Dr. Abrams nodded and wondered how many other field medics got rude surprises. He went off for breakfast and brought enough back for two. When ‘Buster’ smelled breakfast, he growled until Henry shared the plate. They put some water in it for him to lap up and then he went back to sleep.
“How long will he stay like this?” asked Dr. Abrams. “I don’t know how much longer I can keep orderlies and nurses out of here.”
“If we can let him sleep a little more, I can maybe get him to shift. Otherwise, we take the ‘dog’ that you fixed up out to the lines and let him sleep until he wakes,” said Henry.
“How do you keep from being found out?” asked the doctor.
“Easy. You go out, tell some general that a sargent turned into a wolf. You won’t even get back to this tent. They lock you up, call you crazy. Say you have the battle fatigue. If they do believe you, I got papers for one Private Buster, canine troop. He got shot, you fix him up. Same time that Sargent Davy nearly die. You so tired you mix them up in your sleep. I walk out with the dog. You get sent to some nice little hospital,” said Henry.
Dr. Abrams sat and thought about it. Henry was right. No one would believe him. They’d chalk it up to stress and ship him home. Then he thought about all the Canadian troops. “Just how many of you are there in the Division?” he asked at last.
“There were 145 of us to start with. Three have died. Six went home. Discharged. The rest, here,” said Henry.
“And no one has figured out anything?” Dr. Abrams asked.
“Non. The ones that go crazy, we send home. Some just can’t take the noises. We fix, they go home,” said Henry.
Wolf stretched. He was hungry. Needed meat. Wolf sniffed the air. His cub, that other still in the cage. Wolf try to stand. Hurt! Wolf whined.
The doctor and Henry both turned as the wolf behind them whined. He watched as Henry went over and bumped noses with the huge animal and then ruffled the fur between his ears. Henry was trying to settle the wolf down.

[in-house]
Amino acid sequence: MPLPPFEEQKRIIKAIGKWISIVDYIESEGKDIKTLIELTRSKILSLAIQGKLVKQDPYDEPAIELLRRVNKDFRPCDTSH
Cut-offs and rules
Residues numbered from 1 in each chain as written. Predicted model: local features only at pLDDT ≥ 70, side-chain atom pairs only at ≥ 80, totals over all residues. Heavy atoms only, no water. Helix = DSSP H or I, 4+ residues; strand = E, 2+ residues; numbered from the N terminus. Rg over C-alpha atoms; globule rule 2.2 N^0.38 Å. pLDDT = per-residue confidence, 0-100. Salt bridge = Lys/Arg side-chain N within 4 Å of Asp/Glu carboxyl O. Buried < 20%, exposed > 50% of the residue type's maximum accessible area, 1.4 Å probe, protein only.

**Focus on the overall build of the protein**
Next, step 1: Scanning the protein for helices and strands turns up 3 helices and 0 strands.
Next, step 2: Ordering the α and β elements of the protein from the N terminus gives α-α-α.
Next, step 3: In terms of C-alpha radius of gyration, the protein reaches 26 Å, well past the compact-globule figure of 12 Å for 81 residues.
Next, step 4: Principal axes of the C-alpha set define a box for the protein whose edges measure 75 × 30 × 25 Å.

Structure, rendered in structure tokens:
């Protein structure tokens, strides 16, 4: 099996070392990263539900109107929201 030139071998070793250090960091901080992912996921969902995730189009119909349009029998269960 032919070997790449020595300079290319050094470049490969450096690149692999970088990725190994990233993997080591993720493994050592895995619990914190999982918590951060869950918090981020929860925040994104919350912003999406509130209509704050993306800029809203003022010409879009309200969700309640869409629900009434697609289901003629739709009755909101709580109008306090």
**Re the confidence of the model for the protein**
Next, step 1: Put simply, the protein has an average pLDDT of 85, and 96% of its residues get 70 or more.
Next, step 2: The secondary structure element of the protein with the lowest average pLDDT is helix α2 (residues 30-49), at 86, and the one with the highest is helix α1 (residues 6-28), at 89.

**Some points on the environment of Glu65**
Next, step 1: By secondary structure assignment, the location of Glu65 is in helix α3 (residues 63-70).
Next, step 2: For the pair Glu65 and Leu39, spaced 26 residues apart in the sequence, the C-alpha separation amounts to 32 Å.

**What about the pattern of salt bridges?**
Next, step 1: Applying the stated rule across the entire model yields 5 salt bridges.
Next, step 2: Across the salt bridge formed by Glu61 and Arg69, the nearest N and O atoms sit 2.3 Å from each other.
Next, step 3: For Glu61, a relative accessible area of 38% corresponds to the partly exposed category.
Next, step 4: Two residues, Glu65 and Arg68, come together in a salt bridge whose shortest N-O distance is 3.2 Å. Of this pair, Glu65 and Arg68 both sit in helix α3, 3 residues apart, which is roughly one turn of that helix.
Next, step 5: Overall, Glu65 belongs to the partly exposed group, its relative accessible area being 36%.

“Should we get him to shift?” asked the doctor. “Or does he need more to eat?”
“Meat would be good. Not too cooked. Or, I take him back to the tents,” said Henry.
“Let me see what I can get. If anyone comes in, you… oh hell. You know what to say,” said Dr. Abrams as he headed out the door.
Ten minutes later, Dr. Abrams came back with a large bone with a hunk of meat attached. He almost had it near the wolf when the wolf snatched it from him and began to chew the meat off of the bone.
“Damn!” said the doctor.
“Papa, he is ver’ fast,” said Henry. “Donkey or horse?”
“Horse. Said one of our dogs needed meat,” said the doctor. He watched as the bone was soon clean. Then he watched the wolf begin to crack the bone in pieces. Within ten minutes, it was gone.
“You want me to see if I can get him to shift?” asked Henry.
“Please. It will make it much easier,” said the doctor.
Henry walked back over to his Papa. “Papa, you need to shift. I know it hurts, but you must. Come on. You don’ want shot for bein’ a dog in the hospital,” he said. “I don’ have no leash!”
Wolf heard his cub making noises. His belly was full and he wanted to sleep. It took a minute, but Wolf knew that the cub wanted him to be a two-leg. Wolf stretched again, bones popping, scars aching and then he shifted.
“If I hadn’t seen it happen, I… I wouldn’t believe it,” said Dr. Abrams.
“You got that willow bark?” asked Brian. He hurt all over and all he wanted to do was sleep.
“Willow… oh. Aspirin. Yes. Just a minute,” said the doctor. He left the room and came back with pills and water. Brian took them quickly.
“Thanks,” said Brian. “An fore you ask, it work better than that damn morphine. I won’ shift, but I need to sleep.”
Dr. Abrams nodded. Jacques was sitting next to Brian and he nodded in agreement. Dr. Abrams left to change clothes and see if there were any casualties.
Two days later, Henry brought his Papa clean clothes. Dr. Abrams wanted him to stay longer, but Brian refused. He promised to take it easy. Dr. Abrams gave him a large bottle of aspirin and asked Brian to check in with him in a few days. Both men knew that wasn’t likely. The Hitler line had fallen and the men were on the move.